This section is from the book "Wayside And Woodland Blossoms", by Edward Step. Also available from Amazon: Wayside And Woodland Blossoms: A Guide To British Wild-Flowers.
Is there a person in these islands above the age of infancy who does not know the Mistleto by sight? Why, then, let it occupy space here? Because it is one of those very well-known things that we only partially know. What percentage of those who took advantage last Yule-tide of the mystic sanctions of the plant, and who consequently think they know it so well, have seen its flowers? or know that it has flowers? True, those of our British Mistleto are not very striking in point of size or showiness; but there are tropical species with flowers both large and brilliant.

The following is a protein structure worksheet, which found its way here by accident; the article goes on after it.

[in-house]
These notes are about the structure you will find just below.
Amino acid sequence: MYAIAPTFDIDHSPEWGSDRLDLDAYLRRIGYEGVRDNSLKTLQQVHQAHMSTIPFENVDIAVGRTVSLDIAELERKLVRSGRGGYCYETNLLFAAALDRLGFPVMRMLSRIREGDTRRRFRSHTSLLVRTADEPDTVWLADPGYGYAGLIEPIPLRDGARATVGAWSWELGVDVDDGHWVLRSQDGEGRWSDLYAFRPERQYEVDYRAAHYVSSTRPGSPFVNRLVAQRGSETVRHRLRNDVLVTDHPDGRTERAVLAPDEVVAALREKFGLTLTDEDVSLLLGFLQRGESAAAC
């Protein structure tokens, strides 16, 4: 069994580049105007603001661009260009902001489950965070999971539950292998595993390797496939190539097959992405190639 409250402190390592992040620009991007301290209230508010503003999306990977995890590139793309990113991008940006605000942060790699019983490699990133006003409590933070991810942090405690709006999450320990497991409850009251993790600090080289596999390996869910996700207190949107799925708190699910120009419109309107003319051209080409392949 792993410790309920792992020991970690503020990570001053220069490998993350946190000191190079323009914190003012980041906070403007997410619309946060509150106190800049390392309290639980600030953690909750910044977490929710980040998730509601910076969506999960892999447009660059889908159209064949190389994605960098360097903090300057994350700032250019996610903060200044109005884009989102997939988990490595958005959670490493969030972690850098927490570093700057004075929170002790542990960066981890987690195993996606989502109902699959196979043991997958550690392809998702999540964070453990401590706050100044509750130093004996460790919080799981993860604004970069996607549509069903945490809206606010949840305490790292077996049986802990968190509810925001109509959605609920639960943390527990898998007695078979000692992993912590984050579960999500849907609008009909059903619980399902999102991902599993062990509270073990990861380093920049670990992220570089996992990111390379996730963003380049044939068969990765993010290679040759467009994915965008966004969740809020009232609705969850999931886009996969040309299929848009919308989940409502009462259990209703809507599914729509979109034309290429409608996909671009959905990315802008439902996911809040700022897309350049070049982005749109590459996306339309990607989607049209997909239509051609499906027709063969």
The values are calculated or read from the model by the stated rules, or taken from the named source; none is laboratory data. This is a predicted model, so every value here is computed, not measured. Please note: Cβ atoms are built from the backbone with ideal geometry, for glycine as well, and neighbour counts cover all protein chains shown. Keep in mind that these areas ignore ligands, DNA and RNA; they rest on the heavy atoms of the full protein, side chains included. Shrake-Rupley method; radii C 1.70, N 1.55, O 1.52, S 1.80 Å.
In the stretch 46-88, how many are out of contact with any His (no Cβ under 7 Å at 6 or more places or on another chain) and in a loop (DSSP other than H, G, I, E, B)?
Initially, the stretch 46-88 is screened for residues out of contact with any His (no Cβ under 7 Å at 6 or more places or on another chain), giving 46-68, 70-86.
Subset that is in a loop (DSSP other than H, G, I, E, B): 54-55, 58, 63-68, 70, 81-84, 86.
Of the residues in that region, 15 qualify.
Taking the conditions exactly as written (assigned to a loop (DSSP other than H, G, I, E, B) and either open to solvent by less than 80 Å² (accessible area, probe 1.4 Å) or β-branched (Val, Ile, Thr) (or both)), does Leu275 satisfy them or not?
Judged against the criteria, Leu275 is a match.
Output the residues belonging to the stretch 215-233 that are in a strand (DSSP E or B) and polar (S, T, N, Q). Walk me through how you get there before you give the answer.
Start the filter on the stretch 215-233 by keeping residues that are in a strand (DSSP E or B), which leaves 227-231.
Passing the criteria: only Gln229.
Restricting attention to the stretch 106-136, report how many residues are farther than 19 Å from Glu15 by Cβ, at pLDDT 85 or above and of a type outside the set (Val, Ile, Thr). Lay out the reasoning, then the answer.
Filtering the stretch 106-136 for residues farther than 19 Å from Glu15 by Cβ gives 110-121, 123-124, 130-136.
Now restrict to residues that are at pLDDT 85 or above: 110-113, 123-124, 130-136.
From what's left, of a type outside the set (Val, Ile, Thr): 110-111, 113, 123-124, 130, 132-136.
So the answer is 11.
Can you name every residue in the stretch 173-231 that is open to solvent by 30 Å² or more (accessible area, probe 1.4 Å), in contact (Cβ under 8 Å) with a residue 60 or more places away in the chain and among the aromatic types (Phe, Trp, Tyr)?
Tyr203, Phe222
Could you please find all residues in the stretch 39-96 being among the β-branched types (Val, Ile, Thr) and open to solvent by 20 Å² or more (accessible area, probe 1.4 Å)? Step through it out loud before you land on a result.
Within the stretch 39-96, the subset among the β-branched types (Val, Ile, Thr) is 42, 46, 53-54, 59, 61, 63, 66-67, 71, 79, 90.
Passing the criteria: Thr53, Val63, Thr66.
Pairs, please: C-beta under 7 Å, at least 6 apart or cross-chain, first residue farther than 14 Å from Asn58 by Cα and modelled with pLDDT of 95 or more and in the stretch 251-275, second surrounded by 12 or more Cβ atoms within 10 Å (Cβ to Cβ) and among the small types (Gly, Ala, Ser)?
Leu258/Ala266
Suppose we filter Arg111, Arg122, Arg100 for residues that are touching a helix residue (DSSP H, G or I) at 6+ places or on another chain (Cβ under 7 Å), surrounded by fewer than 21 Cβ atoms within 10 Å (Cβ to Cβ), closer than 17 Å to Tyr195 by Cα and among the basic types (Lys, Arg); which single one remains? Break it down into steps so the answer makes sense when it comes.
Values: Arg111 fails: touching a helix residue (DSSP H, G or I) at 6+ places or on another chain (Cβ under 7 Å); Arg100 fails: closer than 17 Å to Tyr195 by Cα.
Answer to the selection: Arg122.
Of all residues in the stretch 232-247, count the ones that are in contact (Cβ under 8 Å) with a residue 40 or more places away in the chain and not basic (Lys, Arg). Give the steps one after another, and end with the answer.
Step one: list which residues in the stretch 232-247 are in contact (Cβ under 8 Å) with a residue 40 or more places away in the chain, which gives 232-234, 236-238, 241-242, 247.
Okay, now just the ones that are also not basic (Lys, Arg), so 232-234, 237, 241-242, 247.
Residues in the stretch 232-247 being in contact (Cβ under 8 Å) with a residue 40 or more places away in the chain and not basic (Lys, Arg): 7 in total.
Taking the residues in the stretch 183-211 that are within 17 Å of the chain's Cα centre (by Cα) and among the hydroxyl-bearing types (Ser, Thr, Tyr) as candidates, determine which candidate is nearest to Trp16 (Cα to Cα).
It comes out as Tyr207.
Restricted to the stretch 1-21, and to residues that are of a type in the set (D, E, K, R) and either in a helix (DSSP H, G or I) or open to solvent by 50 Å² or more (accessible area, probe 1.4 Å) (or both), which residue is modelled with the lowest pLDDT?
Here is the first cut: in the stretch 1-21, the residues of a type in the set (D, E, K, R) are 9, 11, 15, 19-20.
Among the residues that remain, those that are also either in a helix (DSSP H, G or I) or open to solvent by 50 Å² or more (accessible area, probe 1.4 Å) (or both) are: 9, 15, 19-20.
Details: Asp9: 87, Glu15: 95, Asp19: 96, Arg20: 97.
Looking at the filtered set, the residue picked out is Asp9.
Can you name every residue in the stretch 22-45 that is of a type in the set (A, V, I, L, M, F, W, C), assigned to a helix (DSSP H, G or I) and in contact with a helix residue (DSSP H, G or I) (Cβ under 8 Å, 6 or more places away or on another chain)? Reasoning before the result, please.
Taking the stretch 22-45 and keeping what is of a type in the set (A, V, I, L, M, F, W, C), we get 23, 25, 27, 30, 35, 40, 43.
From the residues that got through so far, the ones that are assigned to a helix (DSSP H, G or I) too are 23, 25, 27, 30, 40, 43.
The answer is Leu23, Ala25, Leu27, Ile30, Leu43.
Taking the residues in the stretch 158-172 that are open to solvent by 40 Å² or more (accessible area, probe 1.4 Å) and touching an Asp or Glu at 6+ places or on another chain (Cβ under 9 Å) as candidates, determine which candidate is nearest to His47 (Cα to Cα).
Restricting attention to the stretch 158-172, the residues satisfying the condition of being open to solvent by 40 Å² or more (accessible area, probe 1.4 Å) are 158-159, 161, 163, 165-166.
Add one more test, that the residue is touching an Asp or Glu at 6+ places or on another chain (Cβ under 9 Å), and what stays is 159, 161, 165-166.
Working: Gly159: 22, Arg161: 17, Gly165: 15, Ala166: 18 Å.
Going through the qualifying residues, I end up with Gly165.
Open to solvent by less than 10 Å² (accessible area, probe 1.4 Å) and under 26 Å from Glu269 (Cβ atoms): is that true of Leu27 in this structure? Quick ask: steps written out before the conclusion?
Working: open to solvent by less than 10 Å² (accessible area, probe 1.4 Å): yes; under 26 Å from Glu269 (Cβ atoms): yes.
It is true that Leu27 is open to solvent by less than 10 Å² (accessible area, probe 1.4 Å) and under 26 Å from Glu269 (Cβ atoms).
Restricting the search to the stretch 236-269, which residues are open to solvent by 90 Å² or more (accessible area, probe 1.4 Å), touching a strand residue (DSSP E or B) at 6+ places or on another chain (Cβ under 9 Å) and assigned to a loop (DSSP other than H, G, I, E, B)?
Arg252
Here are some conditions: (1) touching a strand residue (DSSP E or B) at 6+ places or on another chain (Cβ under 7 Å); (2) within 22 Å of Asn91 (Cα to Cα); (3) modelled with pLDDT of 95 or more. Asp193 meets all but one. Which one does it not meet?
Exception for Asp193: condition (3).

In V. album the flowers are of two kinds, male and female, each (with rare exceptions) being borne on separate plants, so that cross-fertilization is imperative. They are both green, and consist of a four-lobed perianth, the male with four anthers attached to the perianth, such anthers opening by a large number of pores. The female flower has the perianth adhering to the ovary, to which the stigma is directly attached, there being no style. The ovary, as all know, develops into the globose white berry, containing the large seed with its viscid coat. These occur usually in twos or threes. The flowers may be found any time between March and May.
- Loranthaceae. -